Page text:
UCCS GOCA121 presents “WALDSTERBEN: Sudden Aspen Decline” by De Lane Bredvik

July 1, 2013
Daisy McConnell, GOCA, (719) 255-3504, dmcconne@uccs.edu
Karin Larkin, UCCS, (719) 255-3124, klarkin@uccs.edu

WALDSTERBEN Bredvik publicCOLORADO SPRINGS, Colo. – The University of Colorado Colorado Springs Galleries of Contemporary Art will kick off its new AWOL (Art WithOut Limits) project “WALDSTERBEN: Sudden Aspen Decline,” at 7:30 p.m. July 9 at GOCA 121, 121 S. Tejon.

The event will include a reception and an artist talk with De Lane Bredvik and Stanford biologist William Anderegg.

Bredvik is known for immersive, poetic, and spatial installations; his installation in the atrium of the Plaza of the Rockies will feature soaring 30′ tall panels that will create an aspen forest experience indoors.

The event is free but tickets are required. To reserve your tickets call (719) 255-3504 or visit waldsterben.eventbright.com.

“WALDSTERBEN: Sudden Aspen Decline” opens July 2 and will be on display through October 2013 Monday through Friday from 6:00 a.m. to 9:00 p.m. and Saturday from 10:00 a.m. to 10:00 p.m. free and open to the public.

About the Artist and the Work:

Bredvik is known for his large scale installations and emotive style. His art is influenced by a wide variety of public and private concerns and experiences, as well as the compelling sensual quality of materials and the intimate interior world of the mind.  He states that his process is infused by academic rigor gained from earning a Master degree in architecture from Harvard’s Graduate School of Design and undergraduate degrees in studio art and art history. However, he also relies heavily on emotion and the creative process to develop and communicate his ideas.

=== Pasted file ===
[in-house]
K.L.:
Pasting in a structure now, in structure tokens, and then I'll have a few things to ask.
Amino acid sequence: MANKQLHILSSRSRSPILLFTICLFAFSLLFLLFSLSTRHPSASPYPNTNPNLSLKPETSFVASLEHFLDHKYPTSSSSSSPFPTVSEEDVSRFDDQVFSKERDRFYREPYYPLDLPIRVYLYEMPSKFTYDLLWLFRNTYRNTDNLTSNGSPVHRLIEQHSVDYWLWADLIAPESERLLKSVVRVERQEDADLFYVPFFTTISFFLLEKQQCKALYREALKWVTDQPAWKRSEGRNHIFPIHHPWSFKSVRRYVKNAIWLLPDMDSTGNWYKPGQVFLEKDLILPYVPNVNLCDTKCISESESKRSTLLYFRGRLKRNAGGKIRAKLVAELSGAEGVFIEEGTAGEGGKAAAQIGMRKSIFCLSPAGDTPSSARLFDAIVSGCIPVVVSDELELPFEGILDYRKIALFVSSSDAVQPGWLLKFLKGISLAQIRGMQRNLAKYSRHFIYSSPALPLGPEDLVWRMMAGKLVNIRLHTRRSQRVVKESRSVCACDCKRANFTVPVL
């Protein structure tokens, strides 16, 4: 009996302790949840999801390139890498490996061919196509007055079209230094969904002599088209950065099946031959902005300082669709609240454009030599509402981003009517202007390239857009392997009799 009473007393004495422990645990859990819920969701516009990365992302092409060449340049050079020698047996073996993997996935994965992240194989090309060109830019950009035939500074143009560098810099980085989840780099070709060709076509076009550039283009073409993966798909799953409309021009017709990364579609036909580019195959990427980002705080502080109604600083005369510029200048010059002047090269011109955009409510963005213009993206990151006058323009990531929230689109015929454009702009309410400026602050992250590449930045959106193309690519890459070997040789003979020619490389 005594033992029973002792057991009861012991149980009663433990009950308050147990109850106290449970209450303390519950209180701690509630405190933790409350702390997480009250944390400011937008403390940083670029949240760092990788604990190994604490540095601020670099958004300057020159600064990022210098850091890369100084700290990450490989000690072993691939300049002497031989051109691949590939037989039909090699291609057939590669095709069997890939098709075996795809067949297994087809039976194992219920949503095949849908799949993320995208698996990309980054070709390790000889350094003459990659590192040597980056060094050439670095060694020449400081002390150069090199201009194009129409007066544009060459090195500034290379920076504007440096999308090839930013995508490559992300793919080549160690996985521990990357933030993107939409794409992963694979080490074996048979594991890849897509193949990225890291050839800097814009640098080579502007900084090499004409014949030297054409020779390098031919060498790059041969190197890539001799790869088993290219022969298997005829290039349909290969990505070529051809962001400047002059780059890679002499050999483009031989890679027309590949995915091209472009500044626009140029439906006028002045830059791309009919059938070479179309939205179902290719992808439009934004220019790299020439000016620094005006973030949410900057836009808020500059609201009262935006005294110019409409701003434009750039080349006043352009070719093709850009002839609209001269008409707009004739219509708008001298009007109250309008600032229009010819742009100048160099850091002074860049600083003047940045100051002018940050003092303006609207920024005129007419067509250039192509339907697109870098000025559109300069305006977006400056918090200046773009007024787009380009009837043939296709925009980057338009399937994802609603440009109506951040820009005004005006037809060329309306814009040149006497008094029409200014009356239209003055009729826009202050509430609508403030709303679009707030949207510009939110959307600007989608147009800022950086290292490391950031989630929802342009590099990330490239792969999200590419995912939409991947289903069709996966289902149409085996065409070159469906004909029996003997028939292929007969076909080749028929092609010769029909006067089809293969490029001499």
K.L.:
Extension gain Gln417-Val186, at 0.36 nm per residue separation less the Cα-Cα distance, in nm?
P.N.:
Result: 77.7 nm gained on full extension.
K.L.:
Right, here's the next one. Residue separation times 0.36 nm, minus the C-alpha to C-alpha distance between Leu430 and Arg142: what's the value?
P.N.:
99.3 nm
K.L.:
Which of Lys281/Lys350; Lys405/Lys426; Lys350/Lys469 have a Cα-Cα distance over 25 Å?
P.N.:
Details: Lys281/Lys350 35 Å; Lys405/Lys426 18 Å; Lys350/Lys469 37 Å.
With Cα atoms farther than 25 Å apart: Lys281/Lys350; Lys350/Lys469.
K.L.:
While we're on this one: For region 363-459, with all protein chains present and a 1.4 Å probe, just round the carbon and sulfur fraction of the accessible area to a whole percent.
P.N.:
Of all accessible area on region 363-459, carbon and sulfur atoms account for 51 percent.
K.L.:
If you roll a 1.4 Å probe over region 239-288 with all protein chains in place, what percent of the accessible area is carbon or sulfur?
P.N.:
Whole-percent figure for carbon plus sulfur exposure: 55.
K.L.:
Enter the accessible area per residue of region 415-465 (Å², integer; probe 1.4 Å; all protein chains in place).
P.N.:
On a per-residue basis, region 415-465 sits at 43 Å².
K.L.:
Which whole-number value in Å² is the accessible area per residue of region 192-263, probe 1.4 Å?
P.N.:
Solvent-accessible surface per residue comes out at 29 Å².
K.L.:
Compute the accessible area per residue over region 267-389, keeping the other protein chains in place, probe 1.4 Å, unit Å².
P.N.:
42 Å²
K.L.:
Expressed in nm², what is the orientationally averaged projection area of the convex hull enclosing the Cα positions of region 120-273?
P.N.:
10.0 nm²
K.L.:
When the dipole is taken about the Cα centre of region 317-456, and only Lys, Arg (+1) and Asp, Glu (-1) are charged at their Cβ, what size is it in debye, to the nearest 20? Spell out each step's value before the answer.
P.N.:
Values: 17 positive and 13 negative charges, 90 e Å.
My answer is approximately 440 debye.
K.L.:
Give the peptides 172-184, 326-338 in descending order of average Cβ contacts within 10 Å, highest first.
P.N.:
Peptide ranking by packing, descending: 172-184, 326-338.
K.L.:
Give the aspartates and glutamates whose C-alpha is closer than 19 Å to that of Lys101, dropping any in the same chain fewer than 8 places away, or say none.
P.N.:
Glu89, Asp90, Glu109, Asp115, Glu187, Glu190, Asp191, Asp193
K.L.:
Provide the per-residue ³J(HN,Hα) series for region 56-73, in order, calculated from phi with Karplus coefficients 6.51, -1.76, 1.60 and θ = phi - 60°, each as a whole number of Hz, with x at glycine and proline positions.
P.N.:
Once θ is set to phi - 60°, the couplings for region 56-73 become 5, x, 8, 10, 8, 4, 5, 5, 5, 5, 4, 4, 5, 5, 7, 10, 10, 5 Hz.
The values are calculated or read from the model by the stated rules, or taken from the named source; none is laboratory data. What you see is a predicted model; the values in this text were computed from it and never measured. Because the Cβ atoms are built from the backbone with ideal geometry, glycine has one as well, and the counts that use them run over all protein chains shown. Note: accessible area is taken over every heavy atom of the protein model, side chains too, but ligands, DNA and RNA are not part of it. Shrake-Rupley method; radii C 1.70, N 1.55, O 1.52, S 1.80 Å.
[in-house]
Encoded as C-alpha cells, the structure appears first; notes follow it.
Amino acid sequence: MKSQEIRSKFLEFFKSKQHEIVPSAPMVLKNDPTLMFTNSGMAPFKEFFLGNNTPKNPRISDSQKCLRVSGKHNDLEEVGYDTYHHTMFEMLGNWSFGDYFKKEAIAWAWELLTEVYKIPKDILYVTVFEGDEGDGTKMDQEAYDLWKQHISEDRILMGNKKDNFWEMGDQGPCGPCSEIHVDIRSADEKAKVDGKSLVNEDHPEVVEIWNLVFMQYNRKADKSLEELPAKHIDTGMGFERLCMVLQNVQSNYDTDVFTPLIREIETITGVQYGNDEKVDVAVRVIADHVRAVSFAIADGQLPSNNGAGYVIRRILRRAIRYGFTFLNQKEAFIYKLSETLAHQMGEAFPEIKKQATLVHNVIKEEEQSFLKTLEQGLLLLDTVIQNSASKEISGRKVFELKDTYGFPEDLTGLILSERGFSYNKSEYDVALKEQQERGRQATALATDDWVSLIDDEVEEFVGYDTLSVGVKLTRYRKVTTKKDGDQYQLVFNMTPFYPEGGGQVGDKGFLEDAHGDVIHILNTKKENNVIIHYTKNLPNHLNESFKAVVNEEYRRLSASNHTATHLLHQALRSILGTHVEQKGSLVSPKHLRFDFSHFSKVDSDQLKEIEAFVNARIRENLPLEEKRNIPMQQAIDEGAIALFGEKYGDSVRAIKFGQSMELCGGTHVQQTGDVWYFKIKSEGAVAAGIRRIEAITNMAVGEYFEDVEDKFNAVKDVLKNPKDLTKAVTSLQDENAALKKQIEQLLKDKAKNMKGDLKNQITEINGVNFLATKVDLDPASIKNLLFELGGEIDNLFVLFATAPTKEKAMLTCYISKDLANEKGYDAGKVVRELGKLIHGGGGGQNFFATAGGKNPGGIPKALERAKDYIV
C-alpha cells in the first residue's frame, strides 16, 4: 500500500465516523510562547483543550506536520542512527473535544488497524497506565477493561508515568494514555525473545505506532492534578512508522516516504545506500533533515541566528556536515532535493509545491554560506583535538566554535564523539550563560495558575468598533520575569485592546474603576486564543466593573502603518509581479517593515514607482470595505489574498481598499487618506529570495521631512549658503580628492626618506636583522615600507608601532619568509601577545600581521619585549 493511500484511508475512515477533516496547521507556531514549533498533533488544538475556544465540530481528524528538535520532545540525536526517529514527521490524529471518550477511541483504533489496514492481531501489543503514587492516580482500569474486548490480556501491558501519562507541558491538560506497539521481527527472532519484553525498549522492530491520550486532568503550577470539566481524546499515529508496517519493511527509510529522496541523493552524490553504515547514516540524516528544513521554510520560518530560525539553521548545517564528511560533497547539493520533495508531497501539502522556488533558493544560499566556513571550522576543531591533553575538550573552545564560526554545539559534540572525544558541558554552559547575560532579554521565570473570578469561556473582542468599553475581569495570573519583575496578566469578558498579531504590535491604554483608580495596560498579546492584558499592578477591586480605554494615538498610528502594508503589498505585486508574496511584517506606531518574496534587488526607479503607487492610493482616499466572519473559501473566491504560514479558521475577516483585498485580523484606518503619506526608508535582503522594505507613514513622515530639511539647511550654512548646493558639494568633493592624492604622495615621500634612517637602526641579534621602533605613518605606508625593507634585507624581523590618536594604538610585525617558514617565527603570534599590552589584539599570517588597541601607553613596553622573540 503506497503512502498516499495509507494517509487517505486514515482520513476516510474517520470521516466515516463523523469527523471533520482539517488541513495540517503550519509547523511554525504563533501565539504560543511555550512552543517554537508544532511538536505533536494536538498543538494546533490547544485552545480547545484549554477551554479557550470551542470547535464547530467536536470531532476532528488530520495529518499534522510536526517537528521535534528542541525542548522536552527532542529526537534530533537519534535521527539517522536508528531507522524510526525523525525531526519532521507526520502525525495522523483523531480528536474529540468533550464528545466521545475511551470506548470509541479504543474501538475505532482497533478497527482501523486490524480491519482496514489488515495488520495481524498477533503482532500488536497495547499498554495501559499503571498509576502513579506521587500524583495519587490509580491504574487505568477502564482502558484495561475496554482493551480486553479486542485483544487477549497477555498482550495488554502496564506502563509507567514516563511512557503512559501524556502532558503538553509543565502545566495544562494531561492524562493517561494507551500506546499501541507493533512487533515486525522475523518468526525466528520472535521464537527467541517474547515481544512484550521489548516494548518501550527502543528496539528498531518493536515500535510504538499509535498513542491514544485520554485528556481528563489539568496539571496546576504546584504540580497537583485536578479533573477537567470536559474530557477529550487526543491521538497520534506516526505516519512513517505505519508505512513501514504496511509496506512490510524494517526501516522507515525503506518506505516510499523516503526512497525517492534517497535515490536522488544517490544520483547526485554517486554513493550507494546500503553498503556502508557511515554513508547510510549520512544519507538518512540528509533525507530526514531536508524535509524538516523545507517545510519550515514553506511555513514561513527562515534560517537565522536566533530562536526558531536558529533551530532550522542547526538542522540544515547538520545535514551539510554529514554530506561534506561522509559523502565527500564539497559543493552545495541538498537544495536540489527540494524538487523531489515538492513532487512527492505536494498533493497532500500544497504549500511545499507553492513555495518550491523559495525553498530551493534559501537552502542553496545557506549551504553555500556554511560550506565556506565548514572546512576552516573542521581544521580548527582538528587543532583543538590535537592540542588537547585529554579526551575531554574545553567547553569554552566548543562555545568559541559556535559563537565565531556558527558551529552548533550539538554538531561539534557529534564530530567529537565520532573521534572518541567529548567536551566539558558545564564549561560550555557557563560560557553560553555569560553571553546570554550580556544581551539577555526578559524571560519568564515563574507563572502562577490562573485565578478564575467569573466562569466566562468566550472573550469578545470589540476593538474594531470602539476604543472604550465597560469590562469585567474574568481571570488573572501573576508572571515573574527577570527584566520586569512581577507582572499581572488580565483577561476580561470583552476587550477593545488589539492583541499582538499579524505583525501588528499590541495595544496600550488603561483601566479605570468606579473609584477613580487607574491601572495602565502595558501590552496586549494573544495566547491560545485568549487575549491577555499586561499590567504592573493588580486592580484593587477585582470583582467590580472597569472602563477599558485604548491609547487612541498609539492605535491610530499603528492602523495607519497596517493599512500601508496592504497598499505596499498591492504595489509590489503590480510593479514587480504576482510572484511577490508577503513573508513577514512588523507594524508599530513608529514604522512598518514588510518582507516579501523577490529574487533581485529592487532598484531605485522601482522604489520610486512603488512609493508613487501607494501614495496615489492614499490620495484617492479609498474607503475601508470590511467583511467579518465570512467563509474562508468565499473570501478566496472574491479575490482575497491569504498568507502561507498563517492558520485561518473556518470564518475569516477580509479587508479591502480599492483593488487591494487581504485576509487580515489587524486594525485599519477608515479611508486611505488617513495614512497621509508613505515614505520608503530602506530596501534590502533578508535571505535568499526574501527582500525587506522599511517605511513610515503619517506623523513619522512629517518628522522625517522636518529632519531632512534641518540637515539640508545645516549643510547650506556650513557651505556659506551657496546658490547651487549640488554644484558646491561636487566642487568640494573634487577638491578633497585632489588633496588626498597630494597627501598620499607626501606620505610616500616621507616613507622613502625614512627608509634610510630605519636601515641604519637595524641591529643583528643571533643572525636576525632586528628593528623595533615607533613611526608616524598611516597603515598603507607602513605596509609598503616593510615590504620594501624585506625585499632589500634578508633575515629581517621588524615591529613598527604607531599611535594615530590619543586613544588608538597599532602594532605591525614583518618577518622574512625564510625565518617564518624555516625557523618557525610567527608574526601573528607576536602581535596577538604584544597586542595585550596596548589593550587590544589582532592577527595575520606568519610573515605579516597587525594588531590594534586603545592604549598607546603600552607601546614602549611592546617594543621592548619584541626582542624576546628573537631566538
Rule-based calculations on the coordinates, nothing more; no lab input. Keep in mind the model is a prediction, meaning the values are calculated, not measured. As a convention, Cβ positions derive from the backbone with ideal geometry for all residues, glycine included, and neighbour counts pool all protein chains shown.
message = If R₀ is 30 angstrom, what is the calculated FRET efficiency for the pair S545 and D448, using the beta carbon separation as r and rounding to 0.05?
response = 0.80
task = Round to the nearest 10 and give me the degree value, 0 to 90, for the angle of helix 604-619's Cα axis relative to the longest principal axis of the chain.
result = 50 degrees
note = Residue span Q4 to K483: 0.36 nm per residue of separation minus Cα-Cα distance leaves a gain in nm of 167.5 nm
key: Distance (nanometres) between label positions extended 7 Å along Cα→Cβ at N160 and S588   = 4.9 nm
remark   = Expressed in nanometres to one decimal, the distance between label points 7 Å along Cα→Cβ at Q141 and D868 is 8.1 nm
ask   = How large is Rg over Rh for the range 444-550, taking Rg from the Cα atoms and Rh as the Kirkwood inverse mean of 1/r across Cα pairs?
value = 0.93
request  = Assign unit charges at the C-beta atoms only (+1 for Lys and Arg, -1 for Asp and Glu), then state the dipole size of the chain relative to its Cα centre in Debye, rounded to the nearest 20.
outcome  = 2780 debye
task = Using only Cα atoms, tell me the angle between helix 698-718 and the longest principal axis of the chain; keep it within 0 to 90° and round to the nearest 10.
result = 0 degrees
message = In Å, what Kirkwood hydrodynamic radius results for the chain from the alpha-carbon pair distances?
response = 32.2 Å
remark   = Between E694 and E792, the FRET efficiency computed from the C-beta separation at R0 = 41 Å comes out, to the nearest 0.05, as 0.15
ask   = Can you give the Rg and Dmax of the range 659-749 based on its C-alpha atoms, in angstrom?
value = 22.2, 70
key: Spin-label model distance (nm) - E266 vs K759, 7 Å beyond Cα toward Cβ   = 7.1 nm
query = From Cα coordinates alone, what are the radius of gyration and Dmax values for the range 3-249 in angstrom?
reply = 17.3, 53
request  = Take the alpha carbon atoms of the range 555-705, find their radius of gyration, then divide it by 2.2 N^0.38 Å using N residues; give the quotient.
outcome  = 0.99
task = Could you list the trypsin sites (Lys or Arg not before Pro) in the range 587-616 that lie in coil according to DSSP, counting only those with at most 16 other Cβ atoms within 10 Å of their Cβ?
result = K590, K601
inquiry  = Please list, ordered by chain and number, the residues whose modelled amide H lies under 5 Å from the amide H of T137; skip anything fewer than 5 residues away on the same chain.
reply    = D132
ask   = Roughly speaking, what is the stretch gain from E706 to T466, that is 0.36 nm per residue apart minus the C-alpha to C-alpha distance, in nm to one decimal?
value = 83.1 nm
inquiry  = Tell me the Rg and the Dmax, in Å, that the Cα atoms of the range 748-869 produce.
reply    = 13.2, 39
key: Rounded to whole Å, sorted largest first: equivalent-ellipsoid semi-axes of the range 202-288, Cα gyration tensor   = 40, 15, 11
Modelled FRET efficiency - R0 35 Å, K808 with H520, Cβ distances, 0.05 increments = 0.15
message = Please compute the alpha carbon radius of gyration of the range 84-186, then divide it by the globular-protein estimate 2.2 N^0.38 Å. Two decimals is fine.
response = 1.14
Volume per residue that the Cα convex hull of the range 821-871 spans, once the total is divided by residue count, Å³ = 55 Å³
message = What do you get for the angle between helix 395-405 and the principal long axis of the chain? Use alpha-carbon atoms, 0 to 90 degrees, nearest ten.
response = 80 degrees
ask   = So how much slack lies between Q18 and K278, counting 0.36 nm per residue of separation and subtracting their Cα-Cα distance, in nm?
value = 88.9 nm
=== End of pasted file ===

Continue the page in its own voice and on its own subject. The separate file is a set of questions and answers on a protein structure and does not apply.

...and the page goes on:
Bredvik explains: “Waldsterben” is the German word for “forest death.”  It emerged 40 years ago to describe the first massive forest mortality events due to human industrial activity. Colorado’s aspen forests are currently experiencing “Waldsterben.”  Almost a quarter of all aspen forests in Colorado have died in the past ten years.  Scientists labeled this phenomenon “sudden aspen decline” because the cause was not clear.  Researchers now understand that increasing cycles of heat and drought triggered by global climate change is the cause.

Bredvik states: “Aspens in a forest are not separate individual trees.  Each is a stem connected to a single ancient root system that often spans many acres and can be several tens of thousands of years old.  They are among the largest and oldest living things on earth.

Last year two Front Range Arts organizations celebrated their own longevity: 40 years for the Sangre de Cristo Art Center in Pueblo, and 30 years for the Galleries of Contemporary Art in Colorado Springs.  Like an Aspen forest, they are part of a larger inter-connected energy, sharing vision and a passion to support the arts.”

GOCA is a regional hub of contemporary art, culture, and conversation. By featuring world-class artists, hosting artist & expert talks, and offering meaningful events we engage UCCS students, faculty, staff and Pikes Peak Region community members in contemporary culture and life. GOCA features two galleries – one founded on the UCCS campus in 1982 and a satellite opened in 2010 in the Plaza of the Rockies building.

For more information, images and/or interview requests with GOCA Director Daisy McConnell please email dmcconne@uccs.edu or call 719-255-3504.

The University of Colorado Colorado Springs, located on Austin Bluffs Parkway in Colorado Springs, is one of the fastest growing universities in the nation. The University offers 36 bachelor’s degrees, 19 master’s and five doctoral degrees. UCCS enrolls about 9,800 students on campus annually and another 2,000 in online programs. For more information, visit www.uccs.edu.

Note: Images available upon request